June 2017
Volume 58, Issue 8
Open Access
ARVO Annual Meeting Abstract  |   June 2017
Rod versus cone driven ERGs at different stimulus sizes
Author Affiliations & Notes
  • Avinash Aher
    University Hospital Erlangen, Erlangen, Bavaria, Germany
  • Declan J McKeefry
    University of Bradford, School of Optometry and Vision Science, Bradford, United Kingdom
  • Neil Robert Alan Parry
    Manchester Royal Eye Hospital, Vision Science Center, Manchester, United Kingdom
  • John Maguire
    University of Bradford, School of Optometry and Vision Science, Bradford, United Kingdom
  • Ian J Murray
    University of Manchester, Faculty of Life Sciences, Manchester, United Kingdom
  • Tina I Tsai
    University Hospital Erlangen, Erlangen, Bavaria, Germany
  • Cord R H Huchzermeyer
    University Hospital Erlangen, Erlangen, Bavaria, Germany
  • Jan J Kremers
    University Hospital Erlangen, Erlangen, Bavaria, Germany
  • Footnotes
    Commercial Relationships   Avinash Aher, None; Declan McKeefry, None; Neil Parry, None; John Maguire , None; Ian Murray, None; Tina Tsai, None; Cord Huchzermeyer, None; Jan Kremers, None
  • Footnotes
    Support  German Ministry of Education and Research (BMBF) #01DN14009
Investigative Ophthalmology & Visual Science June 2017, Vol.58, 5341. doi:
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      Avinash Aher, Declan J McKeefry, Neil Robert Alan Parry, John Maguire, Ian J Murray, Tina I Tsai, Cord R H Huchzermeyer, Jan J Kremers; Rod versus cone driven ERGs at different stimulus sizes. Invest. Ophthalmol. Vis. Sci. 2017;58(8):5341.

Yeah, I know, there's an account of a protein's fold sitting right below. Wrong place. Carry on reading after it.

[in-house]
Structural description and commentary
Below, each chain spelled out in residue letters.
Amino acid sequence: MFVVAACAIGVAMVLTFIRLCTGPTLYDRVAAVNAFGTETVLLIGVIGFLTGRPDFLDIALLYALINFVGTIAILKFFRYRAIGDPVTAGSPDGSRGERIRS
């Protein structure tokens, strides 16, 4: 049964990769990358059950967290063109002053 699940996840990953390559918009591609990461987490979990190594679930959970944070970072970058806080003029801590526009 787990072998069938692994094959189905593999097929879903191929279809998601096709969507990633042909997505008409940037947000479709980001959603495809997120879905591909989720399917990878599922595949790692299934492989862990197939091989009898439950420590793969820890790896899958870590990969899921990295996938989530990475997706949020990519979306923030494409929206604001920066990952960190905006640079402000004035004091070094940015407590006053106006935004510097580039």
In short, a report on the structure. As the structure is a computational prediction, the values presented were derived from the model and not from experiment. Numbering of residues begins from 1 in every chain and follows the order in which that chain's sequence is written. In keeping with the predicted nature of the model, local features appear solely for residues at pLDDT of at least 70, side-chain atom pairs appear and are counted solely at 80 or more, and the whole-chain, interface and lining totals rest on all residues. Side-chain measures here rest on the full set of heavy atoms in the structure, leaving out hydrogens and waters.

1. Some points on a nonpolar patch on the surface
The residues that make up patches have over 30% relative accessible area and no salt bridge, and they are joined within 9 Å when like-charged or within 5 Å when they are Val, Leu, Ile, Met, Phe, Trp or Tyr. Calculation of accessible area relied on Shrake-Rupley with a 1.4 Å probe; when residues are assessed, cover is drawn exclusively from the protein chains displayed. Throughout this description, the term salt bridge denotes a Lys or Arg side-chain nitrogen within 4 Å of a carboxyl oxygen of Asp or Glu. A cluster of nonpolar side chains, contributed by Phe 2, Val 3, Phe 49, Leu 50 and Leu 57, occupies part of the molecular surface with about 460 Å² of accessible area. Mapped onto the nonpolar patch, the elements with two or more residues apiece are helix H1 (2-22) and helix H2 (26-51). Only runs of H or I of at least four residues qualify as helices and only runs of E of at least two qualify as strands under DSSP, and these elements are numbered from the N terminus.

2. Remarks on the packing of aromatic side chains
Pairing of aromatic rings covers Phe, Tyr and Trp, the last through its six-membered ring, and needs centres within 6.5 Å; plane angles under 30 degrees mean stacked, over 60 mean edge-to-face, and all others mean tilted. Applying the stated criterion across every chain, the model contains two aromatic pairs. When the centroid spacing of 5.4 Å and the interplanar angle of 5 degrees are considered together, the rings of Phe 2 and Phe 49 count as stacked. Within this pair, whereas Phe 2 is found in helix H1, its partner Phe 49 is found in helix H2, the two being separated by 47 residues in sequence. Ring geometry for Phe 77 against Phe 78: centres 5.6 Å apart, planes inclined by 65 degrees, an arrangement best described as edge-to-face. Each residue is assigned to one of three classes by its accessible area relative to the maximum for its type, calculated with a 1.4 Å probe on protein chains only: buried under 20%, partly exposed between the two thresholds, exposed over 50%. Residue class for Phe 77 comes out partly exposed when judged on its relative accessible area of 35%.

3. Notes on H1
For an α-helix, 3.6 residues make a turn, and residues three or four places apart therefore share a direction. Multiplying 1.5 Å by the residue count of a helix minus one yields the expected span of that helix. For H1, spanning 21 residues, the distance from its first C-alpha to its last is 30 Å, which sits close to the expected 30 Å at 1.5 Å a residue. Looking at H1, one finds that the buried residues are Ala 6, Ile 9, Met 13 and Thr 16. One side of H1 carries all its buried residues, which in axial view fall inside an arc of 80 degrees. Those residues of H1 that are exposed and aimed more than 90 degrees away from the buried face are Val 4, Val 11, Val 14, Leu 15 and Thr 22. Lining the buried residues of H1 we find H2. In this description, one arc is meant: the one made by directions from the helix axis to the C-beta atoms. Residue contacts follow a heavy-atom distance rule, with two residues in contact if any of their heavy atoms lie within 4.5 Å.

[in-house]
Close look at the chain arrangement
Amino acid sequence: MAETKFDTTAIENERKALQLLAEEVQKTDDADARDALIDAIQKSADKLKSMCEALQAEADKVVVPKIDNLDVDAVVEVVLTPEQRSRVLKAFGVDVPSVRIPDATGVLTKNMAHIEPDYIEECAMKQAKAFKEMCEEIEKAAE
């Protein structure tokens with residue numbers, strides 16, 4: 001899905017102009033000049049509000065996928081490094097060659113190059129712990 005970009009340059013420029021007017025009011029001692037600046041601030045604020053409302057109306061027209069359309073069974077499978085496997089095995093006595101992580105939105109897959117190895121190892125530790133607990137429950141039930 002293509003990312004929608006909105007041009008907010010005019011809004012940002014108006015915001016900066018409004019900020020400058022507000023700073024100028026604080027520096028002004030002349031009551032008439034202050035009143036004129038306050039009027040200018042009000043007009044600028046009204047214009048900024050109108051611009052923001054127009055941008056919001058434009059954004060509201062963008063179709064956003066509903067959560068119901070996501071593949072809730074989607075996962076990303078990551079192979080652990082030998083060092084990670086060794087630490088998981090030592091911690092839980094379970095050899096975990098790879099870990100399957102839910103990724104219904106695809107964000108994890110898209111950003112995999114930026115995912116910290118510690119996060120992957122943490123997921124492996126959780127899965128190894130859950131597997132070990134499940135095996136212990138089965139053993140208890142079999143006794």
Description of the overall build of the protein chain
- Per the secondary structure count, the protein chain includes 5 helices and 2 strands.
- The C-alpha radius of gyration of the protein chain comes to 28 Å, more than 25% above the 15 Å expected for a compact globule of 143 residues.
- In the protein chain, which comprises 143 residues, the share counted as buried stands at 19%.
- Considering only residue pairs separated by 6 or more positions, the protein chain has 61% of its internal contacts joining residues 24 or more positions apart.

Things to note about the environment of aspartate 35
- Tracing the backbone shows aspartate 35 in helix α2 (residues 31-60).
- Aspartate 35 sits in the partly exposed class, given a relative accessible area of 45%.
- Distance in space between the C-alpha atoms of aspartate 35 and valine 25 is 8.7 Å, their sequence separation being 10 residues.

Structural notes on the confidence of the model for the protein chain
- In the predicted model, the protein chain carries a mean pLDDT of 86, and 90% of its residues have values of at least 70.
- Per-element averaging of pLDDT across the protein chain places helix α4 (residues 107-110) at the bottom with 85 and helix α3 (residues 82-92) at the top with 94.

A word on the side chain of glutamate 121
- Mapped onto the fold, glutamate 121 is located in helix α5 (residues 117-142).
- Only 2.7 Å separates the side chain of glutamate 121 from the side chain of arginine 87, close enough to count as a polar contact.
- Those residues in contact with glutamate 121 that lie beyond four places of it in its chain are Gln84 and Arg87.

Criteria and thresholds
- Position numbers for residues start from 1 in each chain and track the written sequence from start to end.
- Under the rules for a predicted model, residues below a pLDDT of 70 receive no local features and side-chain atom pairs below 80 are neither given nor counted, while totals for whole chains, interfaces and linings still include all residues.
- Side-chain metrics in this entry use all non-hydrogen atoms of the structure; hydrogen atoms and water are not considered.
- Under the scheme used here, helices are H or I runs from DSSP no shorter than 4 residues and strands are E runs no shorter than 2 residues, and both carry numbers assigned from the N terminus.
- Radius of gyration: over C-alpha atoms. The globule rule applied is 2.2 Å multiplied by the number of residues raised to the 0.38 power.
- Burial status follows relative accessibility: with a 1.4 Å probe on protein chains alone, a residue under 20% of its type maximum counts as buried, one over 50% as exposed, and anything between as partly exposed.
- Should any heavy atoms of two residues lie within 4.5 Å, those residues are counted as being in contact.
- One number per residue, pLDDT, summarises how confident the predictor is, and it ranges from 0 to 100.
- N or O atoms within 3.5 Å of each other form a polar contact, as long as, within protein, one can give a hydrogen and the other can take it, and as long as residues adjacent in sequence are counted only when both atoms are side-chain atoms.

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      © ARVO (1962-2015); The Authors (2016-present)

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Abstract

Purpose : To study how rod and cone driven responses depend on stimulus size in normal subjects and patients with retinitis pigmentosa (RP).

Methods : The triple silent substitution technique was used to isolate L- and M-cone and rod driven ERGs with 19%, 18%, and 33% photoreceptor contrast resp. Mean luminance was 284 cd/m2; CIE coord: (0.60, 0.39). Experiments were conducted on five normal subjects (age: 27-55 years) and three RP patients (age: 41-53 years). The ERGs in control subjects were recorded at nine different temporal frequencies (between 2 and 60 Hz) and with five different stimulus sizes: full-field (FF) and 70°, 60°, 50° and 40° diameter circular stimulus. In the experiments with the RP patients, only rod and L-cone driven ERGs were measured with FF and 40° diameter stimuli at 8 and 48 Hz. Amplitudes of the responses were defined as those of the 1st harmonic component after Fourier analysis of the ERGs.

Results : In normal subjects, the rod driven responses displayed a fundamentally different behavior than the cone-driven responses. At low temporal frequencies (2-4 Hz), FF rod and cone driven responses were barely above noise. Up to 12 Hz, rod-driven signals increased by about a factor of 4 when measured with smaller stimuli. In contrast, L and M cone-driven responses in this frequency region did not change substantially with stimulus size. On the other hand, at high temporal frequencies (24 Hz and higher), rod and cone driven response amplitudes decreased with decreasing stimulus size. In contrast with responses measured in the normal subjects, 8 Hz rod driven and the 48 Hz L-cone driven ERGs to the 40° stimuli were not larger than those to FF stimuli in RP the patients.

Conclusions : The increased responses with smaller stimuli in normal subjects with the rod isolating conditions indicates that a fundamentally different mechanism drives the ERGs in comparison with the cone driven responses and validates the rod isolation. We propose that the increased responses are caused by stray light stimulating the peripheral retina, indicating that it is possible to isolate and study rod driven ERGs using triple silent substitution technique at photopic luminances. In RP patients both cones and rods are affected in the peripheral retina.

This is an abstract that was submitted for the 2017 ARVO Annual Meeting, held in Baltimore, MD, May 7-11, 2017.

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